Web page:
Shionogi licenses out 3rd-gen HIV asset to ViiV, notches a flop in chronic cough

Shionogi licenses out 3rd-gen HIV asset to ViiV, notches a flop in chronic cough

Japanese pharma Shionogi is looking to build on the success of its GSK- and Pfizer-partnered infectious disease joint venture ViiV Healthcare as it pens a new licensing deal for a long-acting HIV asset.

ViiV, 12% owned by Shionogi, will stump up £20 million ($27 million) in cash to license the experimental asset, known as S-365598, which it sees as a third-generation integrase inhibitor, building on its leading integrase inhibitors dolutegravir and cabotegravir (now Vocabria).

This tweaked med is looking to lessen the need for repeated HIV medication, creating an ultralong-acting regimen at intervals of three months or longer. Everything is still preclinical, with human tests not slated until 2023. That’s when a £15 million payment for the “clinical development milestone” will kick in, with royalties on net sales also on the table.

It’s incredibly early days, but ViiV said preliminary data have shown S-365598 “has a high genetic barrier and a resistance profile that is distinct from that of dolutegravir and cabotegravir.” The idea is that this therapy, should it pass through clinical and regulatory hurdles, could become its next-generation drug for HIV from this decade.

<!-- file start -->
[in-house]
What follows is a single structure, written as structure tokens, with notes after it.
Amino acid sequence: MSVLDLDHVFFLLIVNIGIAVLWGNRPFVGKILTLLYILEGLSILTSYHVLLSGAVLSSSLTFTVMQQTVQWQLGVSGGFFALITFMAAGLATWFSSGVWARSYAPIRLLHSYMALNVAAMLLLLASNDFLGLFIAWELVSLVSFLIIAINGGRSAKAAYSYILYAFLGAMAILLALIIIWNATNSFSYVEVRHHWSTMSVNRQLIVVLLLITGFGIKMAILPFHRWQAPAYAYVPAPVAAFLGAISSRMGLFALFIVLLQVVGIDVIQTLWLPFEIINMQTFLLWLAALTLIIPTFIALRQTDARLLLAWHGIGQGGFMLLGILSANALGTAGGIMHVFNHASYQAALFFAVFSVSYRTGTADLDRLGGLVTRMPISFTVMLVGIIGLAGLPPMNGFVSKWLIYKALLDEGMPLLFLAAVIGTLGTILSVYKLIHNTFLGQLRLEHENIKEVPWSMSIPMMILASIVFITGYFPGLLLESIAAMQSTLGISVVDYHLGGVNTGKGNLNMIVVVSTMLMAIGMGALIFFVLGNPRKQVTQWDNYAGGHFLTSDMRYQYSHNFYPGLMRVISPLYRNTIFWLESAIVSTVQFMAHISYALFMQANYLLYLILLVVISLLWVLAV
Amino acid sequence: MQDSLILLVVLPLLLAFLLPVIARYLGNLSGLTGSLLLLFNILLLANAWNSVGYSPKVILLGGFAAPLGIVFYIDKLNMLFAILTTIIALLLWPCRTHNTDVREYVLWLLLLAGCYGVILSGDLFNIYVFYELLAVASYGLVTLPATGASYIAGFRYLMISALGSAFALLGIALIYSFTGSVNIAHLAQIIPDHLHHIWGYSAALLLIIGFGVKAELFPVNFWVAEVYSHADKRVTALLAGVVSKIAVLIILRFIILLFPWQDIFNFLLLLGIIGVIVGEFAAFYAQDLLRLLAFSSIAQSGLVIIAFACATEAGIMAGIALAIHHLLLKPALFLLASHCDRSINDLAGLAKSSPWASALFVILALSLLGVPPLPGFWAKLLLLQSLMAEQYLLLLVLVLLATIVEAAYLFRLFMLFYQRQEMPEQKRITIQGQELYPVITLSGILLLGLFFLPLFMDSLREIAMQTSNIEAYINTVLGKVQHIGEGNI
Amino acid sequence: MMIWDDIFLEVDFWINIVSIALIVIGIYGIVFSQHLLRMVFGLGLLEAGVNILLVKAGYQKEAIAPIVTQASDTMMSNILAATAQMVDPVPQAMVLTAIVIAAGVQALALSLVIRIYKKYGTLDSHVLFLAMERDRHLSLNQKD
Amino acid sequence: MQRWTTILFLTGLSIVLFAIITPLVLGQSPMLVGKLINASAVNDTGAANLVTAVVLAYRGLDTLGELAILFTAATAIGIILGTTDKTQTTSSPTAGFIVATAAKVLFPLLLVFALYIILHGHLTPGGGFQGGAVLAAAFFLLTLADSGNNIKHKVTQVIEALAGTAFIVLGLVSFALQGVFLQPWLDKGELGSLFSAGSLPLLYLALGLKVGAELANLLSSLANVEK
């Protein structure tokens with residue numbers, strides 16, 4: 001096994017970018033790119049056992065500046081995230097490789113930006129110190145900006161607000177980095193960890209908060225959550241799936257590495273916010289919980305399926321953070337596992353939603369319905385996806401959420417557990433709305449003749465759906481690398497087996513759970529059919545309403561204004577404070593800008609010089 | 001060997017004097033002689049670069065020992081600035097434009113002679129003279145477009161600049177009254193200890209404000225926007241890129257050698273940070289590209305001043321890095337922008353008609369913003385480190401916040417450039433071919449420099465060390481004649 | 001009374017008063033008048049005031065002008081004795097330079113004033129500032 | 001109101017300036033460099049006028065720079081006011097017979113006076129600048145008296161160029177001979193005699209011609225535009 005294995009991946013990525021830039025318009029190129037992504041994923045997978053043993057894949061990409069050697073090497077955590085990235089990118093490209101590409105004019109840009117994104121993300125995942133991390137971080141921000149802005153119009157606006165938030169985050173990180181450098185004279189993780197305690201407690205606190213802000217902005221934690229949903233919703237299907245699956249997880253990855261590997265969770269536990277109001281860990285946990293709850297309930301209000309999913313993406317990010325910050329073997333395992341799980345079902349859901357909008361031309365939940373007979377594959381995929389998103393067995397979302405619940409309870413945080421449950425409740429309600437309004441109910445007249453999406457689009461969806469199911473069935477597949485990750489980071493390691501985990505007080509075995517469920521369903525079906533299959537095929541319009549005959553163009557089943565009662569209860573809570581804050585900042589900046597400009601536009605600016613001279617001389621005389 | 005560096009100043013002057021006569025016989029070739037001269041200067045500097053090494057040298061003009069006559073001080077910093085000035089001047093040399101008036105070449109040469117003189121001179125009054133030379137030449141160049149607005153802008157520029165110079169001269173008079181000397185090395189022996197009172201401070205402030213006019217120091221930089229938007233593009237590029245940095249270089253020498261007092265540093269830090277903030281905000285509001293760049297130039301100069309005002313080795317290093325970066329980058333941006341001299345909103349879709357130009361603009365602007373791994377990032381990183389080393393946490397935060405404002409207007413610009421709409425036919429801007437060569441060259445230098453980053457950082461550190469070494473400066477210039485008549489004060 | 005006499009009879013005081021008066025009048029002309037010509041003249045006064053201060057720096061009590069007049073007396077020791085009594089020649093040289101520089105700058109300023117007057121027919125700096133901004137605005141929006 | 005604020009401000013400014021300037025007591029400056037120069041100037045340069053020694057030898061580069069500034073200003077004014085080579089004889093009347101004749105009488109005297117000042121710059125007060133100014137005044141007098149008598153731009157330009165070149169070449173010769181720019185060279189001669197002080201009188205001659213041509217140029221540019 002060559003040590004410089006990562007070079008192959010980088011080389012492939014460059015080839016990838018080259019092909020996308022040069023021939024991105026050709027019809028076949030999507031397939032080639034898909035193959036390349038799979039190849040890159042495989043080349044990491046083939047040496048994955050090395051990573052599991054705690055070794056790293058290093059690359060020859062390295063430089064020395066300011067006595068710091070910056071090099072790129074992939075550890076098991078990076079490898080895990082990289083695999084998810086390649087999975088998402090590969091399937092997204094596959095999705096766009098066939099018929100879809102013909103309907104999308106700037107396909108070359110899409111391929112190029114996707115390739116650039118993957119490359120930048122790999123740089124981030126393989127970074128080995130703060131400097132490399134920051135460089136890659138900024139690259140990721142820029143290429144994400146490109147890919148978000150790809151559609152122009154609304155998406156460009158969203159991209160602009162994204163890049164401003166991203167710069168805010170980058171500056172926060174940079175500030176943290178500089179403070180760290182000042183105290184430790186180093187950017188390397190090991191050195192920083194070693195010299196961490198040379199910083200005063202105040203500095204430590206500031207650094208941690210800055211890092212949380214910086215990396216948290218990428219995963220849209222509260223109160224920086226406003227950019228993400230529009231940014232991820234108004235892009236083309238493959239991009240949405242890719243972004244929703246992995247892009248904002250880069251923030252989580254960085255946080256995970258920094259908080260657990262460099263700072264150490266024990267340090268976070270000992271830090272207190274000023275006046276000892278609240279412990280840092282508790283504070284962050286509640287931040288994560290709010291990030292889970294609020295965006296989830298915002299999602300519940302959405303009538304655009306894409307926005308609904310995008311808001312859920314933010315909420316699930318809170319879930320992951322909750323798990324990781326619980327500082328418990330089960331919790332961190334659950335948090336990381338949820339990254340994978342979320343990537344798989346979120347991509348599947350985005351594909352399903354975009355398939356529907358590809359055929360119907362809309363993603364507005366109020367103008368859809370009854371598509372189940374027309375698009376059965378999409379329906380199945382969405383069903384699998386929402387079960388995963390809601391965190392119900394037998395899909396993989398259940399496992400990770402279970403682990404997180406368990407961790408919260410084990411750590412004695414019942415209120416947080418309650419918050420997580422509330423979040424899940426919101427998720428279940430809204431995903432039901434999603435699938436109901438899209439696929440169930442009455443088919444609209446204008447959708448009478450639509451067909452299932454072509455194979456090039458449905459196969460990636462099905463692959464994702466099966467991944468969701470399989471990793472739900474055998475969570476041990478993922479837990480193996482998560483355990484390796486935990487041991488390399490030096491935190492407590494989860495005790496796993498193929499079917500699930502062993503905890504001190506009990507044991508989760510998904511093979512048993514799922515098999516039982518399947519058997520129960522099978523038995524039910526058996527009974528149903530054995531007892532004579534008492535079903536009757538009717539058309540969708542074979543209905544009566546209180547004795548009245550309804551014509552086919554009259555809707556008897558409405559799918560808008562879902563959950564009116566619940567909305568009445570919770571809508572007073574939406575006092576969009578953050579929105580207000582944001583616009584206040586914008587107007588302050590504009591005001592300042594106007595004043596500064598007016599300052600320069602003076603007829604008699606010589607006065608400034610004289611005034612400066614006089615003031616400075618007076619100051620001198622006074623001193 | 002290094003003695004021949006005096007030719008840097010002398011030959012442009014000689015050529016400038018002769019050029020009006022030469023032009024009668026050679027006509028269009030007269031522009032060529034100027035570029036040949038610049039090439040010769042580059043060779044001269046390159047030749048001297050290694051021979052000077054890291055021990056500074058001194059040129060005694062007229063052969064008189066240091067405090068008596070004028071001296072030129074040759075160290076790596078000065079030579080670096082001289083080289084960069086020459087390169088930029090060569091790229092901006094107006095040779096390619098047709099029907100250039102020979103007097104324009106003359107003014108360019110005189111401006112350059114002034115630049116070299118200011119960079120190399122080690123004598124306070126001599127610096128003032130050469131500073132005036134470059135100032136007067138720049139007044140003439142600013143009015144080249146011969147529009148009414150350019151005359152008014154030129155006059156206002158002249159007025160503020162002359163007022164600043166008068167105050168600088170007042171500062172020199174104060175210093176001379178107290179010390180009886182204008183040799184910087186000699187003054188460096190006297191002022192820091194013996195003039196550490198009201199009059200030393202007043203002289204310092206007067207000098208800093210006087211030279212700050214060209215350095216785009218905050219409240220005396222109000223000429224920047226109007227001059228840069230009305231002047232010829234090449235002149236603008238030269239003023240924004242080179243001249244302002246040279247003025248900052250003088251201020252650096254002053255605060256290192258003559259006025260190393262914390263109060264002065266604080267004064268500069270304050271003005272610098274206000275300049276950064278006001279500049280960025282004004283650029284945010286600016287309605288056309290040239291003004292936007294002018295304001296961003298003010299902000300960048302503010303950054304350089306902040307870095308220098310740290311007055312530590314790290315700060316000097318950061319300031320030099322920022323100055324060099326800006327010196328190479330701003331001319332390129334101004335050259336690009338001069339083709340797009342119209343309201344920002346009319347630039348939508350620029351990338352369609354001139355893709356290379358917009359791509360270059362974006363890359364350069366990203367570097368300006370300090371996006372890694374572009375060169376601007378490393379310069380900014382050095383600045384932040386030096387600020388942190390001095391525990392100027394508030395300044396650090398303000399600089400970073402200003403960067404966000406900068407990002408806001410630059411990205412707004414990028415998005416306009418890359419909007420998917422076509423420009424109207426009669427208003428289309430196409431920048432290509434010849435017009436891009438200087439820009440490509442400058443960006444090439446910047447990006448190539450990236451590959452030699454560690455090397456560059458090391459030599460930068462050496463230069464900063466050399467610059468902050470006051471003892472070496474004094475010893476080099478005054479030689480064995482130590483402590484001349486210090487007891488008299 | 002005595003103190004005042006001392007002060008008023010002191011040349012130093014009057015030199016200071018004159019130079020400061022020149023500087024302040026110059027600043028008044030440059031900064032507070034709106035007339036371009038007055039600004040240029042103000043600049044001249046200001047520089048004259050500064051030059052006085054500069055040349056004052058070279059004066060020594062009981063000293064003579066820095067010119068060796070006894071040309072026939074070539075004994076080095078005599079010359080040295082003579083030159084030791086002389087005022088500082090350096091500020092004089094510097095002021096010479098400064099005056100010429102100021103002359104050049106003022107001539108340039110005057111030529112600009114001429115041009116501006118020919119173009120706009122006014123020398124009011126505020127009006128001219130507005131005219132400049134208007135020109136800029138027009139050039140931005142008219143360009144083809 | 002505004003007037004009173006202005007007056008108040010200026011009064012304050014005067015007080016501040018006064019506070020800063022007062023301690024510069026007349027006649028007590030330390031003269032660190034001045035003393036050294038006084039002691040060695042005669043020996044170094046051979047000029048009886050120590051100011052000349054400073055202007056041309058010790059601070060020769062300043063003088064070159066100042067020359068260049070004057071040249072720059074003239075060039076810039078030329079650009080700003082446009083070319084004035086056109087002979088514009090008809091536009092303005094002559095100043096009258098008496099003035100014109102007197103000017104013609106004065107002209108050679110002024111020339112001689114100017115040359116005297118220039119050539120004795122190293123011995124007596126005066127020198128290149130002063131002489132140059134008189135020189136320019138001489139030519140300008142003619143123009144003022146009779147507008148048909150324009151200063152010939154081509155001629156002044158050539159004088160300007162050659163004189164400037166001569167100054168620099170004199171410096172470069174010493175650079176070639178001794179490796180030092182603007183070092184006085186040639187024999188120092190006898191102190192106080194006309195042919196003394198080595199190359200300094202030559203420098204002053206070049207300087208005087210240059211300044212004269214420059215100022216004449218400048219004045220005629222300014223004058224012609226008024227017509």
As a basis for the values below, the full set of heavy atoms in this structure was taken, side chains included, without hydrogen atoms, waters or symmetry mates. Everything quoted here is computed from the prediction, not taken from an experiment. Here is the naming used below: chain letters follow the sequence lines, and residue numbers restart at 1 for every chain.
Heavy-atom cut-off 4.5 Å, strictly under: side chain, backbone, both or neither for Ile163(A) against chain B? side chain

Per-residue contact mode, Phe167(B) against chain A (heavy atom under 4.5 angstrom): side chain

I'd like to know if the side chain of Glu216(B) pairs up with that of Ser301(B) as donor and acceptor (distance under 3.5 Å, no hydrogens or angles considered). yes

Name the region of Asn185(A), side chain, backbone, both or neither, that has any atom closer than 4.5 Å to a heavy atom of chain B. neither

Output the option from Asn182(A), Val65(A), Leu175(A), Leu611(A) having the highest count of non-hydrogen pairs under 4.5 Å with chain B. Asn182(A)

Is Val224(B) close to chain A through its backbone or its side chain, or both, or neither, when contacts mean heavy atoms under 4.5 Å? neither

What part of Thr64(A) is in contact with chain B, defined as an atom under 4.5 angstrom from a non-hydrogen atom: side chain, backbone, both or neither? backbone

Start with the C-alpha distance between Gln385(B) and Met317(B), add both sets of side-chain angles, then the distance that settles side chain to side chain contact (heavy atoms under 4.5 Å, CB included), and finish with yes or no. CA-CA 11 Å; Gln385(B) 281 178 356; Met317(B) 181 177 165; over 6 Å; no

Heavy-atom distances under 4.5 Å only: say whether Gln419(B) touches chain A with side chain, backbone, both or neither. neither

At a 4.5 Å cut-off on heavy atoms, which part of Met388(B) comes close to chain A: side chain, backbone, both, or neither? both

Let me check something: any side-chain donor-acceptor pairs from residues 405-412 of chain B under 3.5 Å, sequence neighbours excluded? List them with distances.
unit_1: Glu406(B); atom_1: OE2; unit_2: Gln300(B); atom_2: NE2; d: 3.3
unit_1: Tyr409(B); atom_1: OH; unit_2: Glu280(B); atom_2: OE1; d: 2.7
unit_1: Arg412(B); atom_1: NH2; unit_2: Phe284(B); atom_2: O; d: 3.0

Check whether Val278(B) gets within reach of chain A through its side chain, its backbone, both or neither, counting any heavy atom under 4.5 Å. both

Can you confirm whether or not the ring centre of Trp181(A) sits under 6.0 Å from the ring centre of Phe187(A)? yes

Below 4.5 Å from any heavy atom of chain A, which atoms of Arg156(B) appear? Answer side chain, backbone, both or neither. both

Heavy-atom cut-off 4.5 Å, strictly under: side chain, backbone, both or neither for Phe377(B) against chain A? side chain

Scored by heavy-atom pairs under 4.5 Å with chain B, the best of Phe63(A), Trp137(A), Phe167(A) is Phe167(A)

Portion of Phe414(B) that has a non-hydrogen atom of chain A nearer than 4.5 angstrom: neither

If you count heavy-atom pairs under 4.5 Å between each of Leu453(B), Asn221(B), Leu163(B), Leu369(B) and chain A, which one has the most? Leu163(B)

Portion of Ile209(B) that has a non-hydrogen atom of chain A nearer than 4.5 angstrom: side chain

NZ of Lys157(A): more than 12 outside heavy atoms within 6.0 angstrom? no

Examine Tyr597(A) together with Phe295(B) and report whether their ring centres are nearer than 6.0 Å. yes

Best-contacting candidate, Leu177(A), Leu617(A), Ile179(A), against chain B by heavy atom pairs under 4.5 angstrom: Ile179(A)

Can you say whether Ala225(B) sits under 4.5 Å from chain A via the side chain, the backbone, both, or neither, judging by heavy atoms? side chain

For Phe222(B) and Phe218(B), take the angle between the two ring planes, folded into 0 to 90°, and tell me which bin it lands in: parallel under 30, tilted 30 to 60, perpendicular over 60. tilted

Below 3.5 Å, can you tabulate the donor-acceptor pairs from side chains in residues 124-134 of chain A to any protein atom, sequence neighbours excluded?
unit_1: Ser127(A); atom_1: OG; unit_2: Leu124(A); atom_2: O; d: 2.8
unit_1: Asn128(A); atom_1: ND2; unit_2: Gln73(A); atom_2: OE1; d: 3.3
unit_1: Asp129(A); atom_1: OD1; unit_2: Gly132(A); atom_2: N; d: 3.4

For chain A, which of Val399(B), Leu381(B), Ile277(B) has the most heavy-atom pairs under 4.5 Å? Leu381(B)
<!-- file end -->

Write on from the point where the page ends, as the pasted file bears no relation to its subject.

“Our 20-year relationship with Shionogi has been incredibly successful, producing what are arguably two of the most important HIV medicines of the last decade,” said Kimberly Smith, M.D., head of R&D at ViiV.

“Dolutegravir is now taken by 17 million people globally, and cabotegravir has allowed us to develop the first long-acting regimen for treatment. With today’s announcement about the in-licensing of a third integrase inhibitor from Shionogi, we will continue this collaboration and explore the potential of S-365598 to anchor ViiV Healthcare’s pipeline beyond 2030.”

But alongside the deal, which analysts at Jefferies said was a “positive surprise,” Shionogi also noted in a more quiet R&D update that its closely-watched chronic cough hopeful sivopixant (S-600918) failed to meet its primary endpoint, apparently due to a strong placebo effect.

Jefferies said there were glimmers if hope, as a sub-group analysis for the higher dose “gives some room for optimism,” as Shionogi plans to submit an IND for a key late-stage test next year. More details are to be shared at its R&D update on Wednesday, the firm said.

It’s also started domestic phase 2/3 trials of its oral anti-COVID candidate, the oral protease inhibitor S-217622, for the treatment of mild COVID-19 or asymptomatic SARS-CoV-2 infection. The company is planning for local regulatory submission by the end of CY21.

error: Content is protected !!